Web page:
• John Kruk will take Joe Mauer with his first pick. If they don't draft, he'll say that "Mauer is a no-brain first round pick. He will then name about 7 more catchers that would be solid players to have on your team, citing this as evidence for "scarcity".
  • Karl Ravech will do a decent job, as he's the most likely to have been in a league before and done well. He will look disdainfully towards Kruky after all of Kruk's inexplicable picks.
  • Someone will name David Eckstein as a sleeper, as his grit and determination are important characteristics to have in a fantasy bench player.
  • Someone else will pick Gary Matthews, Jr. under the false understanding that making one incredible catch a year somehow contributes to your fantasy standings.
I cannot wait. And the best part is that at no point will they actually take advantage of the resources of ESPN and call on Funston or Karabell to join in. Listen, this didn't have to be an episode devoted to fantasy baseball - but it is. There are a lot of discussions that can be had comparing fantasy production and actual production, projections, position battles in spring training, etc. I can hope, but I have my doubts.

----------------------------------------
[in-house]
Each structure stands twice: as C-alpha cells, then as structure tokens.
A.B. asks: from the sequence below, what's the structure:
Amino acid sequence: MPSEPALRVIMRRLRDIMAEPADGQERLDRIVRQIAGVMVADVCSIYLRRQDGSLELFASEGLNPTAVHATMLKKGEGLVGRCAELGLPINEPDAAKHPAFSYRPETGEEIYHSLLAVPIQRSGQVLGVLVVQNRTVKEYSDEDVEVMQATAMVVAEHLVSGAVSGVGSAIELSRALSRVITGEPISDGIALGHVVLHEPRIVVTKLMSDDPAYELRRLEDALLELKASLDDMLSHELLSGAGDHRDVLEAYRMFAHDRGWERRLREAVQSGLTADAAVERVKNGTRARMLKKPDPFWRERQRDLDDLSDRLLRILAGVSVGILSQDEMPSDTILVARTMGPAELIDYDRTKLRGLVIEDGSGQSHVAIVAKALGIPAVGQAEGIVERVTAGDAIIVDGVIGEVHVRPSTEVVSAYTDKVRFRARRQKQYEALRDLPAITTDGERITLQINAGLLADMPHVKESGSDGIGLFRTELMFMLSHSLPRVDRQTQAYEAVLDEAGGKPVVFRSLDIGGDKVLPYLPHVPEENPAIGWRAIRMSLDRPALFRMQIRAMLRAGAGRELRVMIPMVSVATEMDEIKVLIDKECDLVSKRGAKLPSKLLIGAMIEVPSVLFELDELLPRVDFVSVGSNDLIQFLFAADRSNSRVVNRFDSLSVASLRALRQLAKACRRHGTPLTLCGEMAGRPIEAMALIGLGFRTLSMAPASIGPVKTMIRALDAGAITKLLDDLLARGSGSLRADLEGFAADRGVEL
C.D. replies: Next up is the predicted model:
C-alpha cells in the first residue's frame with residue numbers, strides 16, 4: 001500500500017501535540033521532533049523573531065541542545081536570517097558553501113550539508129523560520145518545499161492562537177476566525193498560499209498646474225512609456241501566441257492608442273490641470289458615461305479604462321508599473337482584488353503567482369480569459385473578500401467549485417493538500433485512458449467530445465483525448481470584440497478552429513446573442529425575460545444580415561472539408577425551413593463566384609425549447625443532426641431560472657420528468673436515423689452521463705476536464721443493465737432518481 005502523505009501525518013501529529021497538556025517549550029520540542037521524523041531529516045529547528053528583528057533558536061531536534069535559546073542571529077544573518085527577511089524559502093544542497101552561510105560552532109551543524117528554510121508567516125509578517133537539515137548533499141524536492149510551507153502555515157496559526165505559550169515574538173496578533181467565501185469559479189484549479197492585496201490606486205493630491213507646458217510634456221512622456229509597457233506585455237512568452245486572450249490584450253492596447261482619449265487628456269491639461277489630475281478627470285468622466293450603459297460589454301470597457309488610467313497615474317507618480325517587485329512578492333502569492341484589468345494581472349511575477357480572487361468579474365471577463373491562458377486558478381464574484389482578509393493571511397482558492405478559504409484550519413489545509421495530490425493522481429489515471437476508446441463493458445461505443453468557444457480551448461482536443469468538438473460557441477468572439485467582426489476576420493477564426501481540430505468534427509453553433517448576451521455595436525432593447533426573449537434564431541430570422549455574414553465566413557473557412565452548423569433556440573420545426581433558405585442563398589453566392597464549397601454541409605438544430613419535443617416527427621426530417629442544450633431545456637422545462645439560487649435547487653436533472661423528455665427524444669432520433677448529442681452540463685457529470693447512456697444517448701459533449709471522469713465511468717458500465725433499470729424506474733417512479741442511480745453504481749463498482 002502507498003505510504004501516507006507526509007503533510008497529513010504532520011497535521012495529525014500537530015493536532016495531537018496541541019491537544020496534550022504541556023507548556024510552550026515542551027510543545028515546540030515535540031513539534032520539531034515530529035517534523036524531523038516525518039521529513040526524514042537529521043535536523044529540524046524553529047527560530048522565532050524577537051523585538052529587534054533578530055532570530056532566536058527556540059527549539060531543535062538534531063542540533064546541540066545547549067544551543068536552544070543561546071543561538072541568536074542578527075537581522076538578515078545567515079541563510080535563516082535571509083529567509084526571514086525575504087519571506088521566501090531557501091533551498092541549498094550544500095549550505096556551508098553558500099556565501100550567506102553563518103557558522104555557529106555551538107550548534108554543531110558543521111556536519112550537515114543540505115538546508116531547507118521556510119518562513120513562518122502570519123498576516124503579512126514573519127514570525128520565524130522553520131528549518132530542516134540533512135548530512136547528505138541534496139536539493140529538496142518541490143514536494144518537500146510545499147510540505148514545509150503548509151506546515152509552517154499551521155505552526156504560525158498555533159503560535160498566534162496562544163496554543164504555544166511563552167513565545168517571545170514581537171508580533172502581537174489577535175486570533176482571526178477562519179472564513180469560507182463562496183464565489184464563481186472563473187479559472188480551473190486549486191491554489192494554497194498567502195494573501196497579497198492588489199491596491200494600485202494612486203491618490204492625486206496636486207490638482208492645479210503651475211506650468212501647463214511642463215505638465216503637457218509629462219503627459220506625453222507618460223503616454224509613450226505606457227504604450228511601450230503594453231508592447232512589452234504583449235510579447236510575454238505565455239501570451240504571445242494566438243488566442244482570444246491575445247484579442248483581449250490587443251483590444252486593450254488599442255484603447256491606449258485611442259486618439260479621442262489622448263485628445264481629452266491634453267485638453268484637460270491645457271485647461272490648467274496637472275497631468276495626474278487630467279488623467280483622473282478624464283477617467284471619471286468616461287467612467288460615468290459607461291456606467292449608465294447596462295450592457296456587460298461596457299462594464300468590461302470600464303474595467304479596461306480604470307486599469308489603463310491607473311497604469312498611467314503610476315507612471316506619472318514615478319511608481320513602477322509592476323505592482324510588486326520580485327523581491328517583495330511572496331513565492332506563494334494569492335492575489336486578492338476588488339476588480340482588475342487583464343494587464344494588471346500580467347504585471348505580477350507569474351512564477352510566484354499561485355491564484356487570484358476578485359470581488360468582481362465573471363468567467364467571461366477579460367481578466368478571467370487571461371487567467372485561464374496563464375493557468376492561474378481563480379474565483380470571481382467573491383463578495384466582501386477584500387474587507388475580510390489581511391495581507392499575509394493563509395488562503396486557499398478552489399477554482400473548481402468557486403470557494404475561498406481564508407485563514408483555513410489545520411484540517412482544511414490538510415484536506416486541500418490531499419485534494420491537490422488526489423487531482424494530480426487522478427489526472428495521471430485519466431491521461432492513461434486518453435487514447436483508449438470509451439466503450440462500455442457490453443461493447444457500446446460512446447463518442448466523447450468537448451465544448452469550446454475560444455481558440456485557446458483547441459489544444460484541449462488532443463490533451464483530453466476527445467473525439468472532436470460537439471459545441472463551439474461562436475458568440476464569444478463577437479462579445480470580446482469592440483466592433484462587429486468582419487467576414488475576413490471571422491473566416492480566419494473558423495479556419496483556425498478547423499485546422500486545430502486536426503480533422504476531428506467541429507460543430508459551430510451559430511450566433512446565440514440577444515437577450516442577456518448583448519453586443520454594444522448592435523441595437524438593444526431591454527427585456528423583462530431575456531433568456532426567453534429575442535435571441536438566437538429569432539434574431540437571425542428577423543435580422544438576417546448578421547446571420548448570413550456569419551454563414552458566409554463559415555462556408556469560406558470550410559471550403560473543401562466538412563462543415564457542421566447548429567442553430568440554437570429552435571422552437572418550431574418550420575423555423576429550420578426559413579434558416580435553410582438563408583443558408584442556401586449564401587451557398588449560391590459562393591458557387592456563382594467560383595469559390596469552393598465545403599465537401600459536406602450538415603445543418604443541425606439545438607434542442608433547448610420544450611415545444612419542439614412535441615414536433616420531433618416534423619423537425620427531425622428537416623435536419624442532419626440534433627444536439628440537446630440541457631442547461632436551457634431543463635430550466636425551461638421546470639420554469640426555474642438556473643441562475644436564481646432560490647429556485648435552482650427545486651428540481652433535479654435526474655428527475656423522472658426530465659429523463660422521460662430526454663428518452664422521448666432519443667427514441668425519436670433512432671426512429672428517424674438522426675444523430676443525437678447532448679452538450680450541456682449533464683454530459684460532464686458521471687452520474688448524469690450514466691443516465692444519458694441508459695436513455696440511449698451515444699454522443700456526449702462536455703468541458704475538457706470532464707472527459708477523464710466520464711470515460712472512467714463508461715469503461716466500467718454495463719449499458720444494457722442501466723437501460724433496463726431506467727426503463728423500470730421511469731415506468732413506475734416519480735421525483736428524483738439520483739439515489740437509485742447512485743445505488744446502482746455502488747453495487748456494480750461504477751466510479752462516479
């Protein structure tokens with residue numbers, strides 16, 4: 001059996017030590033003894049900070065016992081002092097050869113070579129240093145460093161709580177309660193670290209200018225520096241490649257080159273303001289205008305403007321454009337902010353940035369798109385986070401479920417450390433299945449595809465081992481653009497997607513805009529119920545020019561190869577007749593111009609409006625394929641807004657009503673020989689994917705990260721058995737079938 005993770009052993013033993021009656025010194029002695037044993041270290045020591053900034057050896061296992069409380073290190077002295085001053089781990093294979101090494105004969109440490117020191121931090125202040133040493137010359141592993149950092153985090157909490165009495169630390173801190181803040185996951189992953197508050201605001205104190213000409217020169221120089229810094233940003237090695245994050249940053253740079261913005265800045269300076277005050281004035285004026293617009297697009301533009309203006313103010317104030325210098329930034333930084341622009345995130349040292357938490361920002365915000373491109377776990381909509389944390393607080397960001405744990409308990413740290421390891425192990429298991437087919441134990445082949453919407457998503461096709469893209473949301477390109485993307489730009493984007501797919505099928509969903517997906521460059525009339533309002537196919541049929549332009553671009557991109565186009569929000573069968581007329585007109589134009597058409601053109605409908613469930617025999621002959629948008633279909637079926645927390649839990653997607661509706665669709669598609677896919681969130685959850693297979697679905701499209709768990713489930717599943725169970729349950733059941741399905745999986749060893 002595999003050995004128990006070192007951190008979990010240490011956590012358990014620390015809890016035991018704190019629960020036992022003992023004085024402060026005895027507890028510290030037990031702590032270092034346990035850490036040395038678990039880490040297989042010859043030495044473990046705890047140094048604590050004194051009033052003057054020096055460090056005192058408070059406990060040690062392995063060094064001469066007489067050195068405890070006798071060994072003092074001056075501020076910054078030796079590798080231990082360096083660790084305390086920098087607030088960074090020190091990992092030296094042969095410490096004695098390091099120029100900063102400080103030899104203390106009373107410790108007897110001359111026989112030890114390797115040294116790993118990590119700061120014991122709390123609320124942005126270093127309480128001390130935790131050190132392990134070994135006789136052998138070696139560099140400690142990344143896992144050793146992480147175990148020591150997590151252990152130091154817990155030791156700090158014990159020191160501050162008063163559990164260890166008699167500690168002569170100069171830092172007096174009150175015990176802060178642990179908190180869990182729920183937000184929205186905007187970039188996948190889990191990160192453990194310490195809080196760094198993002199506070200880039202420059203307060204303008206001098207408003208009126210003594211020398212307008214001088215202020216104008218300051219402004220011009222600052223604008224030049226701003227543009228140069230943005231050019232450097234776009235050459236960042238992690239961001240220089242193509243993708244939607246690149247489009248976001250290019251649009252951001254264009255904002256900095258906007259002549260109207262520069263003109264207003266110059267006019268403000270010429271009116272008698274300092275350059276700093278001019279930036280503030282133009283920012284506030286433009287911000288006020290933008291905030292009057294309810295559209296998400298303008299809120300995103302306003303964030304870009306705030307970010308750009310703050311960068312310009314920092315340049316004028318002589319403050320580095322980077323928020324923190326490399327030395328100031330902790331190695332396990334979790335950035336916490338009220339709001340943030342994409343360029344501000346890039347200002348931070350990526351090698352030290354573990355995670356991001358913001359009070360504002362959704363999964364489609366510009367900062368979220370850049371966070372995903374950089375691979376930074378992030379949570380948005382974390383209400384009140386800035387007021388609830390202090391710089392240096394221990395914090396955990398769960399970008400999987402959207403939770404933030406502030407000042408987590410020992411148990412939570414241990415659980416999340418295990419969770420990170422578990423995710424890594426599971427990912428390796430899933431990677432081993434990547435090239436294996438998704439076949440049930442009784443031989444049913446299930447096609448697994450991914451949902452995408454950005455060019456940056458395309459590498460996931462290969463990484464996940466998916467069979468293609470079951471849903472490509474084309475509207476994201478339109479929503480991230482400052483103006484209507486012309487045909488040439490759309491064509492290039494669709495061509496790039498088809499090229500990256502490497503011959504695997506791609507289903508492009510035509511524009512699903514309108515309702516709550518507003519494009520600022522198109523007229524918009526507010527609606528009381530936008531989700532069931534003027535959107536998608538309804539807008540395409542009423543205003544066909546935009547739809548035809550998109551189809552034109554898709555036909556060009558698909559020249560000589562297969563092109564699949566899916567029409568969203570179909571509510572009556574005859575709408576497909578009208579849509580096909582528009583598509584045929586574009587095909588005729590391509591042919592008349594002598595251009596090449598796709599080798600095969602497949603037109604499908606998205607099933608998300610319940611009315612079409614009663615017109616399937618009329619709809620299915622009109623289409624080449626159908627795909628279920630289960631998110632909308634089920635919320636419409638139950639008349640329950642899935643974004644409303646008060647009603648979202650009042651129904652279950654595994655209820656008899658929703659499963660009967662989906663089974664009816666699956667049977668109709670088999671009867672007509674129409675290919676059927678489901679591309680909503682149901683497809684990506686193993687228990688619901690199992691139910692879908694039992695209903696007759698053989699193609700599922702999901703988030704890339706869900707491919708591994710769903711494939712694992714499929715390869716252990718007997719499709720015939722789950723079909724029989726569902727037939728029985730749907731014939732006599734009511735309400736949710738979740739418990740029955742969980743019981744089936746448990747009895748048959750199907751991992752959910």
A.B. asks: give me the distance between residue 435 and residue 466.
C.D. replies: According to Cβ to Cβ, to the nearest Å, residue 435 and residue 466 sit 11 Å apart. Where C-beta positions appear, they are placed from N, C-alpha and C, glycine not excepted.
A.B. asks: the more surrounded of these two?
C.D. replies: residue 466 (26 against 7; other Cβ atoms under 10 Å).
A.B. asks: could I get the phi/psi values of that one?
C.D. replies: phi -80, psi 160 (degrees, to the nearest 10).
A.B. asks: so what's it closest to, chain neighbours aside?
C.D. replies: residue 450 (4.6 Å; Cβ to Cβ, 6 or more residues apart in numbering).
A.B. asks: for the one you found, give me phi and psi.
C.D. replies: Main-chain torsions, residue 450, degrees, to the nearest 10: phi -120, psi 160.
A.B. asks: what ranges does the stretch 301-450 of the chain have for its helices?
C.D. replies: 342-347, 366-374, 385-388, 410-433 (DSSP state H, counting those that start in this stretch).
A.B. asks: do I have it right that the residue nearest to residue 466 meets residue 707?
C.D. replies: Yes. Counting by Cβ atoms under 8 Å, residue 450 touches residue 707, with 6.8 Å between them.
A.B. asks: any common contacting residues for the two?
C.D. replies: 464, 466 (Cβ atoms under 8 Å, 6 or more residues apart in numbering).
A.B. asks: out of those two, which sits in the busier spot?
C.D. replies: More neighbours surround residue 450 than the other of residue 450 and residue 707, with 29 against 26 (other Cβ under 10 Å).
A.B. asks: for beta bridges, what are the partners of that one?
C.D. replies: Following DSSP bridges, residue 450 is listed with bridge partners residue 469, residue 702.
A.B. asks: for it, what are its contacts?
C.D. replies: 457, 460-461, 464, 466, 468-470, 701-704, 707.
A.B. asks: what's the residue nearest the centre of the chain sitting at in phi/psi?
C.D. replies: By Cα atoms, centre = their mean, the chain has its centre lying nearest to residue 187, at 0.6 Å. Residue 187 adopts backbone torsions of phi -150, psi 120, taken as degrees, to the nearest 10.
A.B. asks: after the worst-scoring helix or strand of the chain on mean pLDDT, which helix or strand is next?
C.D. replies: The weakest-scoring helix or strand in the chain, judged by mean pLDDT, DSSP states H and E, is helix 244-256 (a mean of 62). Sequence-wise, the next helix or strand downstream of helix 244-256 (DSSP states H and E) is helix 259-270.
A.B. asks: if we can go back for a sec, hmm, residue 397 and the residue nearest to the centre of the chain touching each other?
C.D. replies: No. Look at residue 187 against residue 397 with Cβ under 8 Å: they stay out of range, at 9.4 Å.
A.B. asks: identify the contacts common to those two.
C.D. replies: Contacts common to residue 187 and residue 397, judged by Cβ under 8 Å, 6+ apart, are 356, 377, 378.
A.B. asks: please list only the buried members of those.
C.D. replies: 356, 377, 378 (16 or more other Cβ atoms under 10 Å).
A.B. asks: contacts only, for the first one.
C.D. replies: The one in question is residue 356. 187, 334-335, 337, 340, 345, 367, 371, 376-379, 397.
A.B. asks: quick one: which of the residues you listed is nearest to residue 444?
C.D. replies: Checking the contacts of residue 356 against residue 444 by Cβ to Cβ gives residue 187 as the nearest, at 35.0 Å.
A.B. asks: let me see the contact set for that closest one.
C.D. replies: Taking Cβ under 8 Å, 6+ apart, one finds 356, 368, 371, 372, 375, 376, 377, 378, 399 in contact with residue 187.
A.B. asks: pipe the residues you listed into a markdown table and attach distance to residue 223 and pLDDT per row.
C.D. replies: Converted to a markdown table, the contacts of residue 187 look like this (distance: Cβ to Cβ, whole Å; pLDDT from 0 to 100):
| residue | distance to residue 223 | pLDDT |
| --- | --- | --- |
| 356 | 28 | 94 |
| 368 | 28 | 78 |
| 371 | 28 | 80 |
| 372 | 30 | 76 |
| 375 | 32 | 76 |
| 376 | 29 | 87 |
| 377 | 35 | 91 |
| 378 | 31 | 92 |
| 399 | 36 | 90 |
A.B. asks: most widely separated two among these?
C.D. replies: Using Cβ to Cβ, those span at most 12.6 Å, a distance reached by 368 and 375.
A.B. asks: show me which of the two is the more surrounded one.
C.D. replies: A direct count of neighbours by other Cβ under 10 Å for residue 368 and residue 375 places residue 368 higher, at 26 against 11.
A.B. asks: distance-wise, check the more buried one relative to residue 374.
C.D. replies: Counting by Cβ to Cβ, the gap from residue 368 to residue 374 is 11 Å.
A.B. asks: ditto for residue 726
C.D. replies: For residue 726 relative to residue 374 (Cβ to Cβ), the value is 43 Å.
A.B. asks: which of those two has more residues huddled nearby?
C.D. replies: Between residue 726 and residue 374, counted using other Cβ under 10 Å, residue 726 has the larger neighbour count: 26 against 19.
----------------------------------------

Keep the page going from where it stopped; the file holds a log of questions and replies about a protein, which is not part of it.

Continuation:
Thursday, March 08, 2007

Fantasy Baseball: It's Good To Be The...


Sorry, but there is no more apt picture to use when talking about King Felix. After giving up the Whoppers and reporting to camp much slimmer than his previous self, Felix Hernandez is poised this year. And since Nando di Fino recently took him #9 overall (his take on the draft) in the mock draft I took part in, I've been giving it some thought, and have given him a second look.